A Japanese parliamentary committee yesterday approved the renewal of a limited version of an anti-terror naval mission in the Indian Ocean that was halted earlier in the month by an impasse in the legislature.
The bill, which is expected to be voted on in the full lower house today, limits Japanese ships to refueling and supplying water to ships used in the monitoring and inspection of vessels suspected of having links to terrorism or arms smuggling.
SUPPORTING THE TROOPS
Japanese warships had been refueling vessels in the region since 2001 in support of US-led troops in Afghanistan, but the mission was halted on Nov. 1 when the opposition blocked extension of the operation.
The new mission would broadly be part of the US-led Operation Enduring Freedom, but would not allow Japanese warships to refuel vessels involved in military attacks or in rescue operations and humanitarian relief that was directly related to Afghanistan.
The lower house parliamentary committee, which is controlled by the ruling Liberal Democratic Party, endorsed the new legislation yesterday, overpowering the rejection by the opposition groups.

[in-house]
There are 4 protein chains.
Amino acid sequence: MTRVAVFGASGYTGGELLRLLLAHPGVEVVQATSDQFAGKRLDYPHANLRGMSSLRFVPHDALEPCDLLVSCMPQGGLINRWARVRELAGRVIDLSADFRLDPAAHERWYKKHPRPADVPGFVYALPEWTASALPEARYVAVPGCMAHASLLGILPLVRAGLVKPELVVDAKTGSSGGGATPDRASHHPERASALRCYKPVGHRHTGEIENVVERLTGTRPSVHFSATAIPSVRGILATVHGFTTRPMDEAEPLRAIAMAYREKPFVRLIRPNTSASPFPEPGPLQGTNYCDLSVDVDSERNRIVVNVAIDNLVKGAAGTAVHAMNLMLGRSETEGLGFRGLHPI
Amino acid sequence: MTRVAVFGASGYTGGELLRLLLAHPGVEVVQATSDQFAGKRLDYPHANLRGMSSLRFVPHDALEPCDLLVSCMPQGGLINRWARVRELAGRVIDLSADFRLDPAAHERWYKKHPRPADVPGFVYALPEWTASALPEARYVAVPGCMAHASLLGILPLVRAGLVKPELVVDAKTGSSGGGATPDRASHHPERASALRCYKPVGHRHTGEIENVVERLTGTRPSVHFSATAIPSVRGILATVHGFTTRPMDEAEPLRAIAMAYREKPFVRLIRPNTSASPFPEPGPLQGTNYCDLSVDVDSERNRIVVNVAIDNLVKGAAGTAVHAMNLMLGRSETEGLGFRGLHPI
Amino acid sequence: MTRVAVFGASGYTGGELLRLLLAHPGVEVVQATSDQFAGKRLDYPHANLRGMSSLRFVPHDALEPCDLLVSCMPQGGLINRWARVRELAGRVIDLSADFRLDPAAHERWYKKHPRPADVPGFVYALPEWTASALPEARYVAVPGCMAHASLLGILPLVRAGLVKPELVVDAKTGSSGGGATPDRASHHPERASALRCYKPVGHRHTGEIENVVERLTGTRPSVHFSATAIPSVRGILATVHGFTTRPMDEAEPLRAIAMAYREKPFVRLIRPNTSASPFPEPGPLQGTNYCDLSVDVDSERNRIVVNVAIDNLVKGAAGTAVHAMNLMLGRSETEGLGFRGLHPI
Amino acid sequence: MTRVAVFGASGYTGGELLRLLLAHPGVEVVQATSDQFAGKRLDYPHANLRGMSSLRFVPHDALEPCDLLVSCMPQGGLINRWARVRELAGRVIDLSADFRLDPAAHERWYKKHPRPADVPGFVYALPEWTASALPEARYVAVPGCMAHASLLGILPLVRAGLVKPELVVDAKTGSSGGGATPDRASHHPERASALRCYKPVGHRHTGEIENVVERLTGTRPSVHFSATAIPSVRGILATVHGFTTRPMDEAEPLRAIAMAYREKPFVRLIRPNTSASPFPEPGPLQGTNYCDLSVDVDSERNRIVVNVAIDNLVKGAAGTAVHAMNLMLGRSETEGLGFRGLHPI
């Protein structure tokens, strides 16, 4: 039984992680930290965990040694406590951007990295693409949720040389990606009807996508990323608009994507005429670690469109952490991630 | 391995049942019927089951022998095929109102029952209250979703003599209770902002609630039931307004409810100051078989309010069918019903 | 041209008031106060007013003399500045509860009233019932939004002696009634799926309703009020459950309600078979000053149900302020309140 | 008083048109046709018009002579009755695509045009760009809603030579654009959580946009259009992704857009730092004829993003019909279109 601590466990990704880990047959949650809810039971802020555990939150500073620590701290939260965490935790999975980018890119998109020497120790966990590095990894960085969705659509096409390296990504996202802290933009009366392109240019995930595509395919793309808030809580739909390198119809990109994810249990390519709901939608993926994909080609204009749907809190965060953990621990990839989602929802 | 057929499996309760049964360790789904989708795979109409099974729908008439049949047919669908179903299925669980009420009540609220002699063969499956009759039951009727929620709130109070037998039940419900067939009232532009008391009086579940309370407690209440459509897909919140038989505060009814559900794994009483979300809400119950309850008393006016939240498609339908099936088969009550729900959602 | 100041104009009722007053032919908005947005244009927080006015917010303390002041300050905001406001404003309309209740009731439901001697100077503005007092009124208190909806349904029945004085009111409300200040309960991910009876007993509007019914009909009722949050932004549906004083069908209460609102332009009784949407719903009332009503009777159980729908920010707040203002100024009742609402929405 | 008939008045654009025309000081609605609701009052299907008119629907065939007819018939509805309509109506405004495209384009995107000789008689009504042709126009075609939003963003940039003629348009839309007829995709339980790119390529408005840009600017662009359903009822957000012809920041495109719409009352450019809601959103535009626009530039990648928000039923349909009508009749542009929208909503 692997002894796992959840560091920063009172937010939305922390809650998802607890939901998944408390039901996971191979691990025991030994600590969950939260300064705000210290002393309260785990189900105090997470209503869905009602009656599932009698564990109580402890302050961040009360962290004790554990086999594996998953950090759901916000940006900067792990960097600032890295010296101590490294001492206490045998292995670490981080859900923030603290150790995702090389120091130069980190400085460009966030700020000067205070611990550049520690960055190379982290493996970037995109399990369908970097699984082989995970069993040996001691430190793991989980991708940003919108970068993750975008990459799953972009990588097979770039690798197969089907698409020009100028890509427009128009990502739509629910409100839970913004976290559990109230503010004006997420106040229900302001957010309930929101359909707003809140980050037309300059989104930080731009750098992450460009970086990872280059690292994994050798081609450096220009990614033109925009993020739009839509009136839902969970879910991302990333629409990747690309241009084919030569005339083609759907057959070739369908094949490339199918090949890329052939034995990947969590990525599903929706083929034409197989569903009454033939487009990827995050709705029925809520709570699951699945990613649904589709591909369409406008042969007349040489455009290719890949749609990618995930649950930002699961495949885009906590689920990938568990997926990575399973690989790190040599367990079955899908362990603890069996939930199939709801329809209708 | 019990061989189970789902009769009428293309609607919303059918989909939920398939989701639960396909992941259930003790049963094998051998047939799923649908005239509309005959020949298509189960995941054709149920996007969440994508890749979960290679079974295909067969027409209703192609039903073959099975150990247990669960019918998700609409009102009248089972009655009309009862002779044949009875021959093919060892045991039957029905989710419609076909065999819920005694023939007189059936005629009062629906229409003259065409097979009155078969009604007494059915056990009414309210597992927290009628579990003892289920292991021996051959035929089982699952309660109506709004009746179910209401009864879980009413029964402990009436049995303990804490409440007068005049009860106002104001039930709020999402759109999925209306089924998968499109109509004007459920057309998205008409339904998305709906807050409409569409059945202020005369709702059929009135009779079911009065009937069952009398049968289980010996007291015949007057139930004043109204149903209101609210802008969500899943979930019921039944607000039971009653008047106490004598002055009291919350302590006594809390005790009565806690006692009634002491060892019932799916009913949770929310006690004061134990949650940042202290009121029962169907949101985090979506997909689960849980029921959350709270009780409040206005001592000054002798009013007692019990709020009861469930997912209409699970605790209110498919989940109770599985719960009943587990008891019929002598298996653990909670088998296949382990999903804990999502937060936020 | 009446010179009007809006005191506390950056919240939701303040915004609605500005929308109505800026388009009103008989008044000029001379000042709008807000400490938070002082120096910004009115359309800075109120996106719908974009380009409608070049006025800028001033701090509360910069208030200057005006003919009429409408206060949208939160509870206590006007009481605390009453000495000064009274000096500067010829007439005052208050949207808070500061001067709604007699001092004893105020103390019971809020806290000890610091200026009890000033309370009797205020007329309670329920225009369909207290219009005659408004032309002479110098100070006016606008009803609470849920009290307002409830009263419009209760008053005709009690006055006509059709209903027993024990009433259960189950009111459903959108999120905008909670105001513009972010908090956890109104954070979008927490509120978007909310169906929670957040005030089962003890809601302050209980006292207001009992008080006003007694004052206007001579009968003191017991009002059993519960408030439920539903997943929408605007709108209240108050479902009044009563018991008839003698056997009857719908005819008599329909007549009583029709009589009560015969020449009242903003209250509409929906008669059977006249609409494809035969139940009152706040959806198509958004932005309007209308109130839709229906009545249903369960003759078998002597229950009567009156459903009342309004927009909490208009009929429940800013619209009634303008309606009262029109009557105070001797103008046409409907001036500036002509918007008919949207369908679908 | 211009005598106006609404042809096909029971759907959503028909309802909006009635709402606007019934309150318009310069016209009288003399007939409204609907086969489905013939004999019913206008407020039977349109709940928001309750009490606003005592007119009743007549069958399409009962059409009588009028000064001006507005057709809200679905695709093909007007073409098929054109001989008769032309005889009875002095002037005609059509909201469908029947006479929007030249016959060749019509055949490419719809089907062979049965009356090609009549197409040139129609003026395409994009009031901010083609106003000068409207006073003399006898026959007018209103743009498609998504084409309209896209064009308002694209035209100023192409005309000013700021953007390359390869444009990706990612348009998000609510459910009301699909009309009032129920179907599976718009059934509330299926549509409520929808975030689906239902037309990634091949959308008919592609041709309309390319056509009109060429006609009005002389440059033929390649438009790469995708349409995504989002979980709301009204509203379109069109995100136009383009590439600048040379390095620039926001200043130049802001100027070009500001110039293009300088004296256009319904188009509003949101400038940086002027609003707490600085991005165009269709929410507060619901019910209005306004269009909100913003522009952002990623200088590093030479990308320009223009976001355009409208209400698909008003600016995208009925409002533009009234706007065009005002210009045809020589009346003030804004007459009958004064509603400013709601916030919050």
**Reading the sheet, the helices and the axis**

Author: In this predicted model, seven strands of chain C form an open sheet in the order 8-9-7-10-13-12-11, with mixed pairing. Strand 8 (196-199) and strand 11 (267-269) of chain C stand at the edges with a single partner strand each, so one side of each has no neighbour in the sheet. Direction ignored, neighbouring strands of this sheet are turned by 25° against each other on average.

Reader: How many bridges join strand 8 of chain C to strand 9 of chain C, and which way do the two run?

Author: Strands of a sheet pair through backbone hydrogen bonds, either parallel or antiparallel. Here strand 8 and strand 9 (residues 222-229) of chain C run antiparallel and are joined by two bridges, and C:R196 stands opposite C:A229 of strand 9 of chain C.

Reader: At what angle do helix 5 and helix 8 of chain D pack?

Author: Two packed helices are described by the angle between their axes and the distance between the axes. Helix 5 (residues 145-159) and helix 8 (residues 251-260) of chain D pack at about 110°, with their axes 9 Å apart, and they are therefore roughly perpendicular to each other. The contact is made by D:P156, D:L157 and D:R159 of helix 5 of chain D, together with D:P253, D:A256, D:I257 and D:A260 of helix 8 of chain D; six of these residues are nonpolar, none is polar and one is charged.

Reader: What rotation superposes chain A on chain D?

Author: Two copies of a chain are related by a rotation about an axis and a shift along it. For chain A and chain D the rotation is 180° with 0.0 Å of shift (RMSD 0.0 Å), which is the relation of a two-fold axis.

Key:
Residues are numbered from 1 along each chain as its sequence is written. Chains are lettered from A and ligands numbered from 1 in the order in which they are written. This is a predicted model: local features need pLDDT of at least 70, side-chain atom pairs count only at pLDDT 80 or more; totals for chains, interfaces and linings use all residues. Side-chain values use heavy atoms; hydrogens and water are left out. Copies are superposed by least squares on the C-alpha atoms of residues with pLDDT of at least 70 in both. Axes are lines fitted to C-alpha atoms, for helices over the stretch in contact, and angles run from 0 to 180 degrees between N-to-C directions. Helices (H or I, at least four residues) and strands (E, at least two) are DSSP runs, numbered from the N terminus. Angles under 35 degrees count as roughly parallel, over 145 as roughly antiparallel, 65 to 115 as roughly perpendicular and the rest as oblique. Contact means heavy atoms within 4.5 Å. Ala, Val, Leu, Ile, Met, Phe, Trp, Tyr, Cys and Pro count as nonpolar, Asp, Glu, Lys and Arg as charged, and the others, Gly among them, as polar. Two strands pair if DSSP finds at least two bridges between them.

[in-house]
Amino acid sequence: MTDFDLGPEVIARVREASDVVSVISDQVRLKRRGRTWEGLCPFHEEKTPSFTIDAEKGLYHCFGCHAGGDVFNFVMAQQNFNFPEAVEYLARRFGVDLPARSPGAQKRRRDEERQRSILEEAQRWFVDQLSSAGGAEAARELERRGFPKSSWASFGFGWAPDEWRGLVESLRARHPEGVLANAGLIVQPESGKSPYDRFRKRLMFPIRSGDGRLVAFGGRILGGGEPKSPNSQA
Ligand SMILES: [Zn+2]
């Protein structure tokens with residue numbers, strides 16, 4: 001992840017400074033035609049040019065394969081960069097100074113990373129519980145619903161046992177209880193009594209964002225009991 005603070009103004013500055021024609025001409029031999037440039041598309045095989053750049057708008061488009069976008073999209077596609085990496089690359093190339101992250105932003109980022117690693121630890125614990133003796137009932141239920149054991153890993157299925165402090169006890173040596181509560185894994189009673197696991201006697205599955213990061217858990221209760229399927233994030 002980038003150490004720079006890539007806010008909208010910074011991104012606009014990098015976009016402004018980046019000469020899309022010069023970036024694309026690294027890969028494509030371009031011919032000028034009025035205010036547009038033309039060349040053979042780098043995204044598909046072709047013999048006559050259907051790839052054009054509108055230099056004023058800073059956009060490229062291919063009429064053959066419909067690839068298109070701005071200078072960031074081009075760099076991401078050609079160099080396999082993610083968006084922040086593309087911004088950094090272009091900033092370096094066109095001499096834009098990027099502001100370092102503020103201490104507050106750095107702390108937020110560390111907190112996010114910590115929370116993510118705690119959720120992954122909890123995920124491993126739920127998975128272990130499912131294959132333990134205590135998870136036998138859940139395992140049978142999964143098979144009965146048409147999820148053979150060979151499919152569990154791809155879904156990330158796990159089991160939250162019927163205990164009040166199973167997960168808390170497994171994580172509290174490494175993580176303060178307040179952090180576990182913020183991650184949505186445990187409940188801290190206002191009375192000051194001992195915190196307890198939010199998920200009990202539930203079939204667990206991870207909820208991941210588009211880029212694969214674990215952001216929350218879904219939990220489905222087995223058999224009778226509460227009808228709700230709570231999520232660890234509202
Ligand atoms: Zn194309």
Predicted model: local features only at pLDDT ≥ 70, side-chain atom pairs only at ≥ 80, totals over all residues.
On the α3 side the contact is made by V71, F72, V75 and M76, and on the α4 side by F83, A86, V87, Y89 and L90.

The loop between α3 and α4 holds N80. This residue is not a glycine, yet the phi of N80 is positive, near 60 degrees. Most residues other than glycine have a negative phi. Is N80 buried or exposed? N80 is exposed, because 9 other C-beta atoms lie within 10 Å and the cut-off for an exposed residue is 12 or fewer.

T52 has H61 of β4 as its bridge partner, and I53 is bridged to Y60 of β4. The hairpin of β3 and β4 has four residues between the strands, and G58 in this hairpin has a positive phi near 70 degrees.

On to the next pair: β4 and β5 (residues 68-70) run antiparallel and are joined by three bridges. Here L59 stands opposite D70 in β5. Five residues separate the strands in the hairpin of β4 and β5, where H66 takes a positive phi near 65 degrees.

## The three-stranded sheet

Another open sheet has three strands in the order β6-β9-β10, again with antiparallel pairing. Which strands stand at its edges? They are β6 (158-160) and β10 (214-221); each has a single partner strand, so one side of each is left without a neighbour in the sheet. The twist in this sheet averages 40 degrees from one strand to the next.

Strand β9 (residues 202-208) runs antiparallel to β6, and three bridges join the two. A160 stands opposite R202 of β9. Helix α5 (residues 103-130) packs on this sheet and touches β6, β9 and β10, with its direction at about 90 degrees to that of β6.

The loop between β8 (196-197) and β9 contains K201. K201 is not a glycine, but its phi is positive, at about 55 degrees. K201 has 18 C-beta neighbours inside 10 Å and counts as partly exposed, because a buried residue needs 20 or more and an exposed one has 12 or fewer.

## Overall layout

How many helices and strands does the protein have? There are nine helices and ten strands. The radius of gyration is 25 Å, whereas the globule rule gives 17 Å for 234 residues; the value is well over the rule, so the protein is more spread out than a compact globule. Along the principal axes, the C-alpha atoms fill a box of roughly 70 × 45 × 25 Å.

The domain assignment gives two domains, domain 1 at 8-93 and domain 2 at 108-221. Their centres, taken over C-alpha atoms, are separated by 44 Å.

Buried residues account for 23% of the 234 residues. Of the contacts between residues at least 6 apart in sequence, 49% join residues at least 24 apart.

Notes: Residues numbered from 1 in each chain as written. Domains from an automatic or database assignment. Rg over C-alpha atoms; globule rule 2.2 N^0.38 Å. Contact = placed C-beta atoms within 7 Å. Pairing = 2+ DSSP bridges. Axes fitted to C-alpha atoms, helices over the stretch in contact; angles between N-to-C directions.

The bill, however, was intended to be a compromise to show the public that the ruling party could be flexible.
The opposition Democratic Party of Japan (DPJ) had opposed the Afghan refueling mission, arguing that it lacked the specific mandate of the UN.
Critics also said that it violated Japan's pacifist Constitution, which forbids the nation from engaging in warfare overseas.
Although the opposition party is opposing the curtailed naval mission as well, the ruling party can force it through the parliament because of its majority in the lower house.
However, the bill still must be debated in the less powerful upper house, controlled by the opposition, meaning that it is likely to be held up for weeks.
"The refueling mission in the Indian Ocean has been a very effective measure," Japanese Prime Minister Yasuo Fukuda told the parliamentary committee.
"I hope from the bottom of my heart that the bill will be passed," he said.
Opposition leaders criticized the committee vote yesterday, saying there had not been enough debate on the new bill.
`FORCING A VOTE'
The ruling party "is forcing a vote now when we still have many important issues to discuss," DPJ deputy chief Kenji Yamaoka said before the vote.
He demanded that parliament postpone any vote and discuss a widening influence-peddling defense scandal first.
Fukuda has argued that pulling out of the mission entirely would leave Japan, which depends on the Middle East for much of its oil, sidelined in the fight against global terrorism.
During its six-year mission, Japan provided about 480,000 kiloliters of fuel to coalition warships in the Indian Ocean, according to the Defense Ministry.